Why Whey Protein Is The Best Choice For Building Muscle

Whey Protein

Optimum Nutrition Gold Standard Whey Protein

There are a few reasons why whey protein is optimal for building muscle over any other protein source including casein, soy, brown rice, collagen, etc. Please understand that I am not trying to tell you to never eat those sources, I am just trying to inform you of what’s proven and what good marketing can make you believe. If your looking to build lean muscle, then whey is the way to go. You may find a cheap protein brand on sale that may seem like a good deal, but if you look at the active ingredients, you will find that many contain cheap fillers like casein and collagen protein as well as other strange ingredients like corn syrup solids (gross). I recommend just whey protein. I’m sure that we have all been told to have casein protein at night because it’s slow digesting and will prevent us from losing precious muscle while we sleep (lol). While this is a good idea, I’d rather tell you what’s optimal for muscle protein synthesis. The reasons why whey is the way are as follows:

1) It’s leucine content

2) It’s ability to increase muscle protein synthesis more effectively at rest AND post exercise

Now you may be wondering what the heck is leucine but it is one of three branched chain amino acids and a key factor in stimulating muscle protein synthesis (production). The amount of leucine required to ingest is also of significance as muscle protein synthesis has been shown to have a minimum threshold and maximal rate1. This max value varies depending on an individual’s size but can range from about 3-4 grams. Every protein source contains amino acids and depending on the protein source, the amount of leucine will vary.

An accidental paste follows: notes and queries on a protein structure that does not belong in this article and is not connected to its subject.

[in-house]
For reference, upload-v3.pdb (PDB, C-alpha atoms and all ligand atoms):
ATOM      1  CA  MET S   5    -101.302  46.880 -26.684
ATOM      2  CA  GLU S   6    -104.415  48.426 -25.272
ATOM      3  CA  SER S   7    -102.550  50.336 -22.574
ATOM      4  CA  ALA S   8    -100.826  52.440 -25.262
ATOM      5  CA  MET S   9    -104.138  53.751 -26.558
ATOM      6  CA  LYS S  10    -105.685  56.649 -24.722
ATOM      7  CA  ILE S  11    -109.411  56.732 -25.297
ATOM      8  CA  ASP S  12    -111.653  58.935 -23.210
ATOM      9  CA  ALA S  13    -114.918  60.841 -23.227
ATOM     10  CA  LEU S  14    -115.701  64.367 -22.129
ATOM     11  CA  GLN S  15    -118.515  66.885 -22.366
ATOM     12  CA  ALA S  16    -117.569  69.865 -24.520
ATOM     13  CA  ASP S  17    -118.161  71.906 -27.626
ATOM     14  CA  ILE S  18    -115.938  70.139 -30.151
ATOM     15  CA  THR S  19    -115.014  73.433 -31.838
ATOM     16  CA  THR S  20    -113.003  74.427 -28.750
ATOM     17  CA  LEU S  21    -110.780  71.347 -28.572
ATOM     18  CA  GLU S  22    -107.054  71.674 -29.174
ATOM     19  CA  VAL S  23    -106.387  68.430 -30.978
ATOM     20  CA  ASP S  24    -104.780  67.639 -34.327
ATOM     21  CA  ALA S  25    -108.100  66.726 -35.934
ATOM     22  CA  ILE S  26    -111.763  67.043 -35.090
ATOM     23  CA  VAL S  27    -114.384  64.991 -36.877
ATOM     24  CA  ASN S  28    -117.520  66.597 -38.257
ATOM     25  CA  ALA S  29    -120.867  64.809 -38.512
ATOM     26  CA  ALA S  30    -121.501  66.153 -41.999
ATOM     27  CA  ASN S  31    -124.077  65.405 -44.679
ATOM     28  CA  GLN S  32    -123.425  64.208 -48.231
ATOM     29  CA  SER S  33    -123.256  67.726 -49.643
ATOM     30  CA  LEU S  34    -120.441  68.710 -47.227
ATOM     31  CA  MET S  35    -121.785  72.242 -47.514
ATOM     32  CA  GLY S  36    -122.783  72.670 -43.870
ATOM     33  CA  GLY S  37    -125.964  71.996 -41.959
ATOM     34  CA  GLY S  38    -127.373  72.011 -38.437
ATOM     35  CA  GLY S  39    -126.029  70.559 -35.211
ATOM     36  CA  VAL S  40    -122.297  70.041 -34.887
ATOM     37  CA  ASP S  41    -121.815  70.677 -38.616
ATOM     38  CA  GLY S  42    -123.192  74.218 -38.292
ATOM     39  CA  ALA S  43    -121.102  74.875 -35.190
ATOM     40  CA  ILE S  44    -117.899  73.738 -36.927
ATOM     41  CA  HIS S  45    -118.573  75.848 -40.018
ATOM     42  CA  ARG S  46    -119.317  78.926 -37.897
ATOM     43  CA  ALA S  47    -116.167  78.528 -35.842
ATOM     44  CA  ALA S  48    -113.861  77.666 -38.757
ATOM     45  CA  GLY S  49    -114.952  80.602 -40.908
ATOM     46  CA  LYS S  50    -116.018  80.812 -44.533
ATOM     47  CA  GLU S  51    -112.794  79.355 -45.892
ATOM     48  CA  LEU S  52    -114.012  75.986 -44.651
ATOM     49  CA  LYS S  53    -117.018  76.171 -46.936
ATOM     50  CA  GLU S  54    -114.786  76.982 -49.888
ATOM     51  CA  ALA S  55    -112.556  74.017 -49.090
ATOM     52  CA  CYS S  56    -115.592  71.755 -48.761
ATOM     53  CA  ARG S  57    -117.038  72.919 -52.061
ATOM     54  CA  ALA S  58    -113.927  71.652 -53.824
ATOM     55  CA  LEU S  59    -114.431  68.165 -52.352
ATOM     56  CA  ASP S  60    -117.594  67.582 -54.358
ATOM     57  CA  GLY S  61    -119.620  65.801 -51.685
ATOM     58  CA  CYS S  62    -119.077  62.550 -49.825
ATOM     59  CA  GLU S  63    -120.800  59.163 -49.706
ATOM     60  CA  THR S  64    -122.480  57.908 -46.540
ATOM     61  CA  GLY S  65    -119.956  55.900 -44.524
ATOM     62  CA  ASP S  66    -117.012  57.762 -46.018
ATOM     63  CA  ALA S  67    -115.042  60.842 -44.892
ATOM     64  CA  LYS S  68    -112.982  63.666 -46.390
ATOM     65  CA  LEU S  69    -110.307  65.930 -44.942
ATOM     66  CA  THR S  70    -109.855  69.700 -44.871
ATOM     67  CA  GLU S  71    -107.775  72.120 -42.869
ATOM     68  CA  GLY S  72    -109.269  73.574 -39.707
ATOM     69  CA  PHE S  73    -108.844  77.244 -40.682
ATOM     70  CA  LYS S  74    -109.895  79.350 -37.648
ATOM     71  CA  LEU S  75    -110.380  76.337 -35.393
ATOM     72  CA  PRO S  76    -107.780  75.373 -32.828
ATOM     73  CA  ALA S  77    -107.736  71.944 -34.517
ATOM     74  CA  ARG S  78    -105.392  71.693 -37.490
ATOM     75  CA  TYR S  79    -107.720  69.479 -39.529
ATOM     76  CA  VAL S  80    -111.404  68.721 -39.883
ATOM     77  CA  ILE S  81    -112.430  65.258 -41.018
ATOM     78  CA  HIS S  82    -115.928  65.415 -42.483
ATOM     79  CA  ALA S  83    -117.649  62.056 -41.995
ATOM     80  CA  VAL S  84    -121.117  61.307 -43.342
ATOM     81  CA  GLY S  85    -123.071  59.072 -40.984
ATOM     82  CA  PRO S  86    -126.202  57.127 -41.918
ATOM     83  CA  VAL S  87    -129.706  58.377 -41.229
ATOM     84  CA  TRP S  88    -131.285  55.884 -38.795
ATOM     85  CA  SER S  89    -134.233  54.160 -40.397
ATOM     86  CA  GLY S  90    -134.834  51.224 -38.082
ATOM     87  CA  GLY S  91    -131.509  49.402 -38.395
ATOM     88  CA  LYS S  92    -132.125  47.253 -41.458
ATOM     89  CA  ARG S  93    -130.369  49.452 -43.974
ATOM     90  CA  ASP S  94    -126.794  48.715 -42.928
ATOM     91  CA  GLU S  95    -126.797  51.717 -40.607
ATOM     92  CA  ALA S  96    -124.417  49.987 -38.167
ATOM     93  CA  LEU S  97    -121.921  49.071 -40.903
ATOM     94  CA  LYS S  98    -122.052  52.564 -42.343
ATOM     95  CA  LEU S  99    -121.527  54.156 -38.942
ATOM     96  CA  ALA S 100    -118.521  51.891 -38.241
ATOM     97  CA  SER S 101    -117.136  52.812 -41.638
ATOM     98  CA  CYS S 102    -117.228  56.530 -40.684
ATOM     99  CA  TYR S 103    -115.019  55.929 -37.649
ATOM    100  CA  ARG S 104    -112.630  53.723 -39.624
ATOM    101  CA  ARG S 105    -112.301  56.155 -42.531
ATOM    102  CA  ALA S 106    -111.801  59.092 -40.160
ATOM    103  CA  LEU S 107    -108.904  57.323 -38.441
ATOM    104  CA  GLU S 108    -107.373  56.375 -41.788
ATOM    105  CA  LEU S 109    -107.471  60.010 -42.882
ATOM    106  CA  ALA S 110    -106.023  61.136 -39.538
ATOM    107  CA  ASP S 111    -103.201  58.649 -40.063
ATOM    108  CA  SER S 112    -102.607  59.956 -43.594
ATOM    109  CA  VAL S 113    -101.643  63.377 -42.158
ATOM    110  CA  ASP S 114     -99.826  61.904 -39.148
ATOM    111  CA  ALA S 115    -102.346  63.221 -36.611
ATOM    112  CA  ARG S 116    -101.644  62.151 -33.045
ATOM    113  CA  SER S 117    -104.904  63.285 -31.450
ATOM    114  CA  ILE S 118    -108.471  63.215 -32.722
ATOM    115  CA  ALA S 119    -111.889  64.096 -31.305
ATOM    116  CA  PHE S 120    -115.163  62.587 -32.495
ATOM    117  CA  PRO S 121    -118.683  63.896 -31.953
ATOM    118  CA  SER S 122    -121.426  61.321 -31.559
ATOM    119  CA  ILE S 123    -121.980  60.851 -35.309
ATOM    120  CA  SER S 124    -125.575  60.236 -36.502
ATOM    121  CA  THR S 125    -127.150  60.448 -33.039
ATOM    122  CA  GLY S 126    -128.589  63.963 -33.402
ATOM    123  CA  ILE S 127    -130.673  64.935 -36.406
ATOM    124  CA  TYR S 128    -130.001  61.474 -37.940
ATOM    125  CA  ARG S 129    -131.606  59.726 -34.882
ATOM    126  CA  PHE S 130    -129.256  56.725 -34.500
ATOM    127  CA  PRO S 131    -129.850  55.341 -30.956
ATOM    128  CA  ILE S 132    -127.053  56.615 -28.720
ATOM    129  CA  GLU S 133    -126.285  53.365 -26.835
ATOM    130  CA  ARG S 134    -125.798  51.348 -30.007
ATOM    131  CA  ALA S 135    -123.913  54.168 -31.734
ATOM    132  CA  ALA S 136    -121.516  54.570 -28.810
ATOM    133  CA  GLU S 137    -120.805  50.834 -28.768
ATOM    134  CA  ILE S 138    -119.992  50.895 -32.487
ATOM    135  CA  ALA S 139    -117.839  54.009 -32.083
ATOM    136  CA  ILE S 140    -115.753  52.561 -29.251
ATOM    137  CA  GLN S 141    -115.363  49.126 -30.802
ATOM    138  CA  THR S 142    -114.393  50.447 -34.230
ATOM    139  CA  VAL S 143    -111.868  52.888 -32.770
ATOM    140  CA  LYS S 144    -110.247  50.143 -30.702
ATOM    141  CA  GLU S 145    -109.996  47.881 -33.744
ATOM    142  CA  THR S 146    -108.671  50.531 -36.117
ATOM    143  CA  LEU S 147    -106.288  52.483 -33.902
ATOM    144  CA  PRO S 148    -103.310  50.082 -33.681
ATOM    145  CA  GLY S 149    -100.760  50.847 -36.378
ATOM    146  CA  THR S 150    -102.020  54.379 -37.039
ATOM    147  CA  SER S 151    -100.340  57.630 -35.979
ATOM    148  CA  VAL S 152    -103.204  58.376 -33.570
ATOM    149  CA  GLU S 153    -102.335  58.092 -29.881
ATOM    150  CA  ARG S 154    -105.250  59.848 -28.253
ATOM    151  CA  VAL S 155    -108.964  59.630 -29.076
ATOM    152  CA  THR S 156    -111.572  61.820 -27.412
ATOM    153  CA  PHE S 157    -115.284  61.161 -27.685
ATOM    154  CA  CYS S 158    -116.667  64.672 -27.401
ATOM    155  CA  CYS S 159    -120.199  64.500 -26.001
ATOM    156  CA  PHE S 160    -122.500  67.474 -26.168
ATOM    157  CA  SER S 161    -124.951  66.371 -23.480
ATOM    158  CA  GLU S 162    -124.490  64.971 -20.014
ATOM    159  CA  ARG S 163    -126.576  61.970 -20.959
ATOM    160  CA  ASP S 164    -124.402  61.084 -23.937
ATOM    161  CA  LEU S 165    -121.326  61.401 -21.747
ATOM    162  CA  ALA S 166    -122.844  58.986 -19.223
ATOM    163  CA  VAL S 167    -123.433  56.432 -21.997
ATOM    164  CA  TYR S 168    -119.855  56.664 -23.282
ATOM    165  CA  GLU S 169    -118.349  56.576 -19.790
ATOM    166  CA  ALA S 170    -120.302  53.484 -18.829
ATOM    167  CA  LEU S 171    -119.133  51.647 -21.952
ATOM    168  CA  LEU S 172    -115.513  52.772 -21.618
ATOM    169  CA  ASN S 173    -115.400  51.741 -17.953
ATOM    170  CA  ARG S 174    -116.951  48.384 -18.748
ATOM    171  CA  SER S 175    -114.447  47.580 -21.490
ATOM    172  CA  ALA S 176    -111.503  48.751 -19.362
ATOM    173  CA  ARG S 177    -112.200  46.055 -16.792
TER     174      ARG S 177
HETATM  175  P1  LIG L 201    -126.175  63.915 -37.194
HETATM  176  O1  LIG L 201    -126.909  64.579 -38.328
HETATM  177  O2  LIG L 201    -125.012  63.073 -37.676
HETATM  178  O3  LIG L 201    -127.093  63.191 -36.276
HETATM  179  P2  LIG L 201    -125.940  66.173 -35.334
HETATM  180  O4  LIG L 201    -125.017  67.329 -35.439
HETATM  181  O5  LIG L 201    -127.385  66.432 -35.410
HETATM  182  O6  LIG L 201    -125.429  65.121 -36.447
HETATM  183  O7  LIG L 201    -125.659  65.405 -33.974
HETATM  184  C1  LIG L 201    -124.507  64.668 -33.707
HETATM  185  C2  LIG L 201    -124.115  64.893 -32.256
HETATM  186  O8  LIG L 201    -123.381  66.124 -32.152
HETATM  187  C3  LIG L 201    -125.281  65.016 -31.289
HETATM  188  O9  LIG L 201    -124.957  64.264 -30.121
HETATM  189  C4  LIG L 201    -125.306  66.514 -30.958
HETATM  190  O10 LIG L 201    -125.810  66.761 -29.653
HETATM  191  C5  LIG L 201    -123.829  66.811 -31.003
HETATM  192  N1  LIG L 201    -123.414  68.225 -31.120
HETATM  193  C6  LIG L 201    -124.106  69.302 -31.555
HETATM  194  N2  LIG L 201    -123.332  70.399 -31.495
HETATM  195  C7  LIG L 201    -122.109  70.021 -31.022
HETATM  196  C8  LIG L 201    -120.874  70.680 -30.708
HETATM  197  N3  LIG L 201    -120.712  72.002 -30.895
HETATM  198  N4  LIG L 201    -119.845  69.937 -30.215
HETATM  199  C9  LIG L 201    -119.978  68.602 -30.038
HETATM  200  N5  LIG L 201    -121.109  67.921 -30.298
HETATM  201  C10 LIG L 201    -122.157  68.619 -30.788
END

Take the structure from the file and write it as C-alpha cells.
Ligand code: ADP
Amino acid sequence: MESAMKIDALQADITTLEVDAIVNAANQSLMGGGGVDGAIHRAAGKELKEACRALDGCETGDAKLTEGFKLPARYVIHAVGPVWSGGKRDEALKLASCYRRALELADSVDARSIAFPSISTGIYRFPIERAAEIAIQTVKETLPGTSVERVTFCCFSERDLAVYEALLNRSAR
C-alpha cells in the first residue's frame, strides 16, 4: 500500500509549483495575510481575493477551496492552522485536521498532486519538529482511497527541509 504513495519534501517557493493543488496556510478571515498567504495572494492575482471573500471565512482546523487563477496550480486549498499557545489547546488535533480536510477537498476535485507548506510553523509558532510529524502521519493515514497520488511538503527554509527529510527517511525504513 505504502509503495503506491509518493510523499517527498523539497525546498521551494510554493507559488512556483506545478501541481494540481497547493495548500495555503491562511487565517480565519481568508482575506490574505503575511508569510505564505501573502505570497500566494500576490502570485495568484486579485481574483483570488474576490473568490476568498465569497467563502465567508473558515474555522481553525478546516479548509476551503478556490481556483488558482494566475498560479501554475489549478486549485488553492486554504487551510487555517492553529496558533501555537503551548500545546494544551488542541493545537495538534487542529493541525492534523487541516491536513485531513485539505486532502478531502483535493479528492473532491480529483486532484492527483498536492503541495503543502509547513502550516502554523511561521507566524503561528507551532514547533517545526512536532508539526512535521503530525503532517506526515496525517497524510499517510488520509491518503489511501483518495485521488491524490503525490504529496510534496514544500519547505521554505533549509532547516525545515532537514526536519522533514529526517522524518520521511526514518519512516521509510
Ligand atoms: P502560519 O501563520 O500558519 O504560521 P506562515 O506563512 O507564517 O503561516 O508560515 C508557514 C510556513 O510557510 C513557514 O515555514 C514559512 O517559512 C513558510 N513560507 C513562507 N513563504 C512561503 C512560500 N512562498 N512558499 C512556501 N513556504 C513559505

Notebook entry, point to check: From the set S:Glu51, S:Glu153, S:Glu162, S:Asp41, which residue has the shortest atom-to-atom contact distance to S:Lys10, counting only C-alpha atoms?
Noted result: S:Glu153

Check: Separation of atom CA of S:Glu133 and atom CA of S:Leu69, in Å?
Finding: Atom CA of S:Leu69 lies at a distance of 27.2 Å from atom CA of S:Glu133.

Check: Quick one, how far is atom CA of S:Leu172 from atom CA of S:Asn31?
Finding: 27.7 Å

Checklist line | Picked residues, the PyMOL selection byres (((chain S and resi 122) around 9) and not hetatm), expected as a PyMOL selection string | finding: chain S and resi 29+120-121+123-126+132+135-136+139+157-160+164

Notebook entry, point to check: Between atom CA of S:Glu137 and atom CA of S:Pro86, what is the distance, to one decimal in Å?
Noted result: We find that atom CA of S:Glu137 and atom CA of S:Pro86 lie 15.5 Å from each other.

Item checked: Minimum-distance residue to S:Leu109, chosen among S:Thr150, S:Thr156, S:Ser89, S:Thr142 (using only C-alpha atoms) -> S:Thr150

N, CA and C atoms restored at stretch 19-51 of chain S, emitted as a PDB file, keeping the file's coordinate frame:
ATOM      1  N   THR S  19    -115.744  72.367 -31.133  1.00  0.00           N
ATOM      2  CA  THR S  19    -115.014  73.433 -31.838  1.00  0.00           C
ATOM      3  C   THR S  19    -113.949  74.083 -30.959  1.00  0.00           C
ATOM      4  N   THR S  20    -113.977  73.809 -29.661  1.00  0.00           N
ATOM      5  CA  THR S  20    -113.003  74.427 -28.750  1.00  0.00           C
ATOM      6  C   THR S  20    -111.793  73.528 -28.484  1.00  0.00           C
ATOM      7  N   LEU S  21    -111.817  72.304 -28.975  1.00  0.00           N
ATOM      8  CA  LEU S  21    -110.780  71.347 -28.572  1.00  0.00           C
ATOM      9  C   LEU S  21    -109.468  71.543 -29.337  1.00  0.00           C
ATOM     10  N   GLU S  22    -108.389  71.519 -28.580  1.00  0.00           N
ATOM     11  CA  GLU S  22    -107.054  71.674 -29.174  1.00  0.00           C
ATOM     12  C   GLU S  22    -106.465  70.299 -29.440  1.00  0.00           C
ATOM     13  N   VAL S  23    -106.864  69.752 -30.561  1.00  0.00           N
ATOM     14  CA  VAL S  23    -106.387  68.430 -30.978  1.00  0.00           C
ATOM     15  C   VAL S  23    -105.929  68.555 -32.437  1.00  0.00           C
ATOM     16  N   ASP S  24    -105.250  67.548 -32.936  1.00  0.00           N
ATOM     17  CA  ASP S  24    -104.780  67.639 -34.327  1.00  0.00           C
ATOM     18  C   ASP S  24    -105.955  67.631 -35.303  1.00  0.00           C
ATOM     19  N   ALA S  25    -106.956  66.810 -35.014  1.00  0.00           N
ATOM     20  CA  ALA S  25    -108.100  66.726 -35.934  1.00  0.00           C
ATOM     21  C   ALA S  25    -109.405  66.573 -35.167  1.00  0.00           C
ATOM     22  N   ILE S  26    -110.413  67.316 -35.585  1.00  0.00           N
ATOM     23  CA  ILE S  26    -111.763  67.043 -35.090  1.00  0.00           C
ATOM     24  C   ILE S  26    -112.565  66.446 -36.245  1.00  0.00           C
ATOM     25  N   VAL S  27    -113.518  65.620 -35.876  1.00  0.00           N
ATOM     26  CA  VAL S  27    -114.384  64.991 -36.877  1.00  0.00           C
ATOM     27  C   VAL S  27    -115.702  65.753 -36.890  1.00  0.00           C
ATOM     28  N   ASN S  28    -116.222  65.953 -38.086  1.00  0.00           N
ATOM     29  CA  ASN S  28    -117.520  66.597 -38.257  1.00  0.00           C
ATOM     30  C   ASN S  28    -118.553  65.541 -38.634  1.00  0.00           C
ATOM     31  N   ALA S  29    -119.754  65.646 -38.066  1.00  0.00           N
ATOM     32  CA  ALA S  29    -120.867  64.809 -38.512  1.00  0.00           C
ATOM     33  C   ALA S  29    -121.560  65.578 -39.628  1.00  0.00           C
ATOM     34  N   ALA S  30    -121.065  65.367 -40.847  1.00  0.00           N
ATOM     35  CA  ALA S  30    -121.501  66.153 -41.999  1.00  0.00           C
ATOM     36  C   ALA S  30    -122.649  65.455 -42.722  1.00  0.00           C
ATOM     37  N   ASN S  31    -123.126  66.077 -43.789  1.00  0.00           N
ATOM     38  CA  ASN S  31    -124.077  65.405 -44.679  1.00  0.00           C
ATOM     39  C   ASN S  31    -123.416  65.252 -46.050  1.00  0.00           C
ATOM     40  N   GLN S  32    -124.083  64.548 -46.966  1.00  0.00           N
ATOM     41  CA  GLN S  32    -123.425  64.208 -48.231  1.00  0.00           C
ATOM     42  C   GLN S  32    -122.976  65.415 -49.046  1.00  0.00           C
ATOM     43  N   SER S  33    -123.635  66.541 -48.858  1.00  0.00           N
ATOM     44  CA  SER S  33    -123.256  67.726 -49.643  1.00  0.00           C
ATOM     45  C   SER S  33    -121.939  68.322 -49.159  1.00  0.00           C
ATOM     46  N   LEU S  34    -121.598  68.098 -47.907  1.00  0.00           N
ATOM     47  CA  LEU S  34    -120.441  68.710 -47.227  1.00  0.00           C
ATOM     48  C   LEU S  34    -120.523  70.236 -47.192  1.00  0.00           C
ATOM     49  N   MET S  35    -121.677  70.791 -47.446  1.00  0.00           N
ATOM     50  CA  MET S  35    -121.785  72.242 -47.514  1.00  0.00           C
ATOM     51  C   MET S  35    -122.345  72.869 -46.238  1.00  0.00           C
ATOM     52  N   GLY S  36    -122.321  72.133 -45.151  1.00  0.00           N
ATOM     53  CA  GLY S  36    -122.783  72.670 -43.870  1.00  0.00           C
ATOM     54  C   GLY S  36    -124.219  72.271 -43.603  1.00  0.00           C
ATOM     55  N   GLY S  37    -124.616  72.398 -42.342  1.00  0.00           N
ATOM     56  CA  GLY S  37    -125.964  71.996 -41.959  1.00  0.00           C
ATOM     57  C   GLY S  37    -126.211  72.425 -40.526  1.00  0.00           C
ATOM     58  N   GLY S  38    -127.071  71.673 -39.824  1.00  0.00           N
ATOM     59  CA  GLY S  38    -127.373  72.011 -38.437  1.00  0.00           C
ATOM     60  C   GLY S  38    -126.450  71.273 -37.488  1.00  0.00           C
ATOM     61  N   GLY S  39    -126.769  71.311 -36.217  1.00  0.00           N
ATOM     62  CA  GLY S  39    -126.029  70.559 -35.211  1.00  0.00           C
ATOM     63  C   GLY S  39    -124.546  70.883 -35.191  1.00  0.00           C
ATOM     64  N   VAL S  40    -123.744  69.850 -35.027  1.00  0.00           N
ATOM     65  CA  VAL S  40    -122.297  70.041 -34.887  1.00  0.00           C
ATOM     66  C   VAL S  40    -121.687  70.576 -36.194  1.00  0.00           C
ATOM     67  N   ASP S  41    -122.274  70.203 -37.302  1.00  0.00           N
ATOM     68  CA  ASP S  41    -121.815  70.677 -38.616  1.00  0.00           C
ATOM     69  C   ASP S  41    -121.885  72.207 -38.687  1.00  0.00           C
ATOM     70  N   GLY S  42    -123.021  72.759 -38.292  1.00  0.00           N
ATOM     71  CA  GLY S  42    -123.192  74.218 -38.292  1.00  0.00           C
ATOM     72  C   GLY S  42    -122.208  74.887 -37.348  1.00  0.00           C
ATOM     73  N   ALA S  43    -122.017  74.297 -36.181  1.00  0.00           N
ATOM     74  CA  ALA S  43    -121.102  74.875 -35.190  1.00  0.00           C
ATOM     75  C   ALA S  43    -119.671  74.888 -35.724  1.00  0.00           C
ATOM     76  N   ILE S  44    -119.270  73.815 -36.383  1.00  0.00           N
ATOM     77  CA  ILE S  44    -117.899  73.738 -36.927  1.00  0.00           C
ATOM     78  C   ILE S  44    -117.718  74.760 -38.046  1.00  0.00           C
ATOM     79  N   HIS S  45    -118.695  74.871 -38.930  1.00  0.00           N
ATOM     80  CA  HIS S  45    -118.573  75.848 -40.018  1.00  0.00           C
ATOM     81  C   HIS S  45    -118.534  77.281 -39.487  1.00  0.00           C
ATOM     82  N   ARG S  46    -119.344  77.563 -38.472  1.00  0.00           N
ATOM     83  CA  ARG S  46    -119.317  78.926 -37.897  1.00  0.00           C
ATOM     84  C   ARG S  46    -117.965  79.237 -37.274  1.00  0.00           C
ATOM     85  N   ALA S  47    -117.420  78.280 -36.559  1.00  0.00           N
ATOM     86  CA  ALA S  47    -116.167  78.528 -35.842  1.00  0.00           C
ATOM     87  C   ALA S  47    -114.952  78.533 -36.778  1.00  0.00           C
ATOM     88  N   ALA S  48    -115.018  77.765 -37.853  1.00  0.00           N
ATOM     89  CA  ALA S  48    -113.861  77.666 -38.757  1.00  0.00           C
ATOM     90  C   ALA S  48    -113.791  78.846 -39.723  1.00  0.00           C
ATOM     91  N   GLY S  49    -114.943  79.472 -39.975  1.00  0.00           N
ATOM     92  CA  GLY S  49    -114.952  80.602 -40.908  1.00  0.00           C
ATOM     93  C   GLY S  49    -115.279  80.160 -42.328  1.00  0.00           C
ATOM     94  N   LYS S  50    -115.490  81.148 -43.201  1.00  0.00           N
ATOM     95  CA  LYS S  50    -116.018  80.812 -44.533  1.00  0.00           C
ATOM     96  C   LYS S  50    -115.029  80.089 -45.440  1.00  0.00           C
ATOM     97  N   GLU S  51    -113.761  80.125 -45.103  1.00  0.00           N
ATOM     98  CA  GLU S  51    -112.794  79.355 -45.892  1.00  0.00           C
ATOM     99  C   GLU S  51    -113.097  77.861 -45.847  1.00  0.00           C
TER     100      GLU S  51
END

Leucine and Total Amino Acid Content Of Various Protein Sources




Leucine (G)




Total (G)




Data Source2

Whey protein has also been shown to increase muscle protein synthesis both at rest and post exercise to higher levels than both casein and soy2. So in terms of muscle protein synthesis, the post workout “anabolic window” does appear valid. So by looking at the table above, I suggest consuming about 35-40 grams of whey protein post workout in order to optimally stimulate muscle protein synthesis (more protein≠higher rate of synthesis). I also suggest consuming this protein along with a carbohydrate source as the spike in insulin maintains cellular energy status. Along with leucine, this signals translation initiation, a critical step for muscle protein synthesis3.

Mixed muscle protein fractional synthetic rate (FSR).
Mixed Muscle Protein Fractional Synthetic Rate (FSR). Source2

In summary, whey protein is the best option in terms of building muscle. Is it the only way? No; there is nothing wrong with the other sources of protein but they are not optimal. So don’t allow the supplement industry to make you believe that you will lose all your muscle overnight because you didn’t have your casein shake. Hit your targeted calories and macronutrients daily and take advantage of your body’s ability to increase muscle protein synthesis post workout as shown in the image above.Lastly, I would like to thank everyone involved in the studies shown below who put in the effort to bring us the latest data available.



1) Norton LE, Layman DK, Bunpo P, Anthony TG, Brana DV, Garlick PJ. The leucine content of a complete meal directs peak activation but not duration of skeletal muscle protein synthesis and mammalian target of rapamycin signaling in rats. J Nutr. 2009 Jun;139(6):1103-9.
2) Tang JE, Moore DR, Kujbida GW, Tarnopolsky MA, Phillips SM. Ingestion of whey hydrolysate, casein, or soy protein isolate: effects on mixed muscle protein synthesis at rest and following resistance exercise in young men. J Appl Physiol. 2009 Sep;107(3):987-92.
3) Wilson GJ, Layman DK, Moulton CJ, Norton LE, Anthony TG, Proud CG, Rupassara SI, Garlick PJ. Leucine or carbohydrate supplementation reduces AMPK and eEF2 phosphorylation and extends postprandial muscle protein synthesis in rats. Am J Physiol Endocrinol Metab. 2011 Dec;301(6):E1236-42.